Systematic evaluation of the use of human plasma and serum for mass-spectrometry-based shotgun proteomics
American Chemical Society
School of Medical and Health Sciences / Centre of Excellence for Alzheimer’s Disease Research and Care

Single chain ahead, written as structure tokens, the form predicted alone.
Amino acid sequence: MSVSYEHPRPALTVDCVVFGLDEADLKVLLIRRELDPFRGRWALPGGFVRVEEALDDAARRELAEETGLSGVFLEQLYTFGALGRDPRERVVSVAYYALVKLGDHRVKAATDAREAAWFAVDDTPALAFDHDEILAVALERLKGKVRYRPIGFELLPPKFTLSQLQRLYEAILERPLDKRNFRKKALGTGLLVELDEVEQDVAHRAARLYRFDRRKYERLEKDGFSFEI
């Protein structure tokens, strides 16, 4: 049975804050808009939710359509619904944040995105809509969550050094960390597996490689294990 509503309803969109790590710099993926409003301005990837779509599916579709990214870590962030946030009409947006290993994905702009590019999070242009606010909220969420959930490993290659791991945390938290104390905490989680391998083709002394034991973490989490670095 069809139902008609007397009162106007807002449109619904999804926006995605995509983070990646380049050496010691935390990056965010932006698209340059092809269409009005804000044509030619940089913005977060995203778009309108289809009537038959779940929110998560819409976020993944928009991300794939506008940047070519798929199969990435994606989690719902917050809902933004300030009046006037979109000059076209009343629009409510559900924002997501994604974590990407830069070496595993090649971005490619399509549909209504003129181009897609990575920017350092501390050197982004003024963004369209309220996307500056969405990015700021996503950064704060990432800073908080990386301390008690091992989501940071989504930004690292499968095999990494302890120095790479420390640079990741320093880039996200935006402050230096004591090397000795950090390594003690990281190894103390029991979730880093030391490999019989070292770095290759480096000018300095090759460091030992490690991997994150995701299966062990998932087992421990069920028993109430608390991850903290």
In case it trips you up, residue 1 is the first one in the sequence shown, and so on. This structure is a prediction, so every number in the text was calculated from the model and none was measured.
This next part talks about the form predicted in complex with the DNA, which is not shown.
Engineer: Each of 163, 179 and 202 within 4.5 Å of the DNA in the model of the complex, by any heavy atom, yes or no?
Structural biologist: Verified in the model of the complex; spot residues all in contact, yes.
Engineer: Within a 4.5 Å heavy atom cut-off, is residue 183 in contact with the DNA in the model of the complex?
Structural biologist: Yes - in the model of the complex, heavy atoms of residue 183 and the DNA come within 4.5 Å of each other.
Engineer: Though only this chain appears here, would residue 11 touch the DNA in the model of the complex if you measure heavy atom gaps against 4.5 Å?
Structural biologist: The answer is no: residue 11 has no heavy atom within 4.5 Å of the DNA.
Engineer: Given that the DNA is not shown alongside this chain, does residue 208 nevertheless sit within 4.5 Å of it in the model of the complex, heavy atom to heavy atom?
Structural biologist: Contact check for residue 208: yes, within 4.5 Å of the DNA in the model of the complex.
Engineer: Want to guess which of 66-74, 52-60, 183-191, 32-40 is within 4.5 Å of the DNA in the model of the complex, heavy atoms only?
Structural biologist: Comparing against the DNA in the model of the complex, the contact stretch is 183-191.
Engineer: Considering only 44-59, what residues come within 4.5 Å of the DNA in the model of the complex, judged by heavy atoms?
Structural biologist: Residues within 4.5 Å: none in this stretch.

Over the last two decades, EDTA-plasma has been used as the preferred sample matrix for human blood proteomic profiling. Serum has also been employed widely. Only a few studies have assessed the difference and relevance of the proteome profiles obtained from plasma samples, such as EDTA-plasma or lithium-heparin-plasma, and serum. A more complete evaluation of the use of EDTA-plasma, heparin-plasma, and serum would greatly expand the comprehensiveness of shotgun proteomics of blood samples. In this study, we evaluated the use of heparin-plasma with respect to EDTA-plasma and serum to profile blood proteomes using a scalable automated proteomic pipeline (ASAP2). The use of plasma and serum for mass-spectrometry-based shotgun proteomics was first tested with commercial pooled samples. The proteome coverage consistency and the quantitative performance were compared. Furthermore, protein measurements in EDTA-plasma and heparin-plasma samples were comparatively studied using matched sample pairs from 20 individuals from the Australian Imaging, Biomarkers and Lifestyle (AIBL) Study. We identified 442 proteins in common between EDTA-plasma and heparin-plasma samples. Overall agreement of the relative protein quantification between the sample pairs demonstrated that shotgun proteomics using workflows such as the ASAP2 is suitable in analyzing heparin-plasma and that such sample type may be considered in large-scale clinical research studies. Moreover, the partial proteome coverage overlaps (e.g., ∼70%) showed that measures from heparin-plasma could be complementary to those obtained from EDTA-plasma.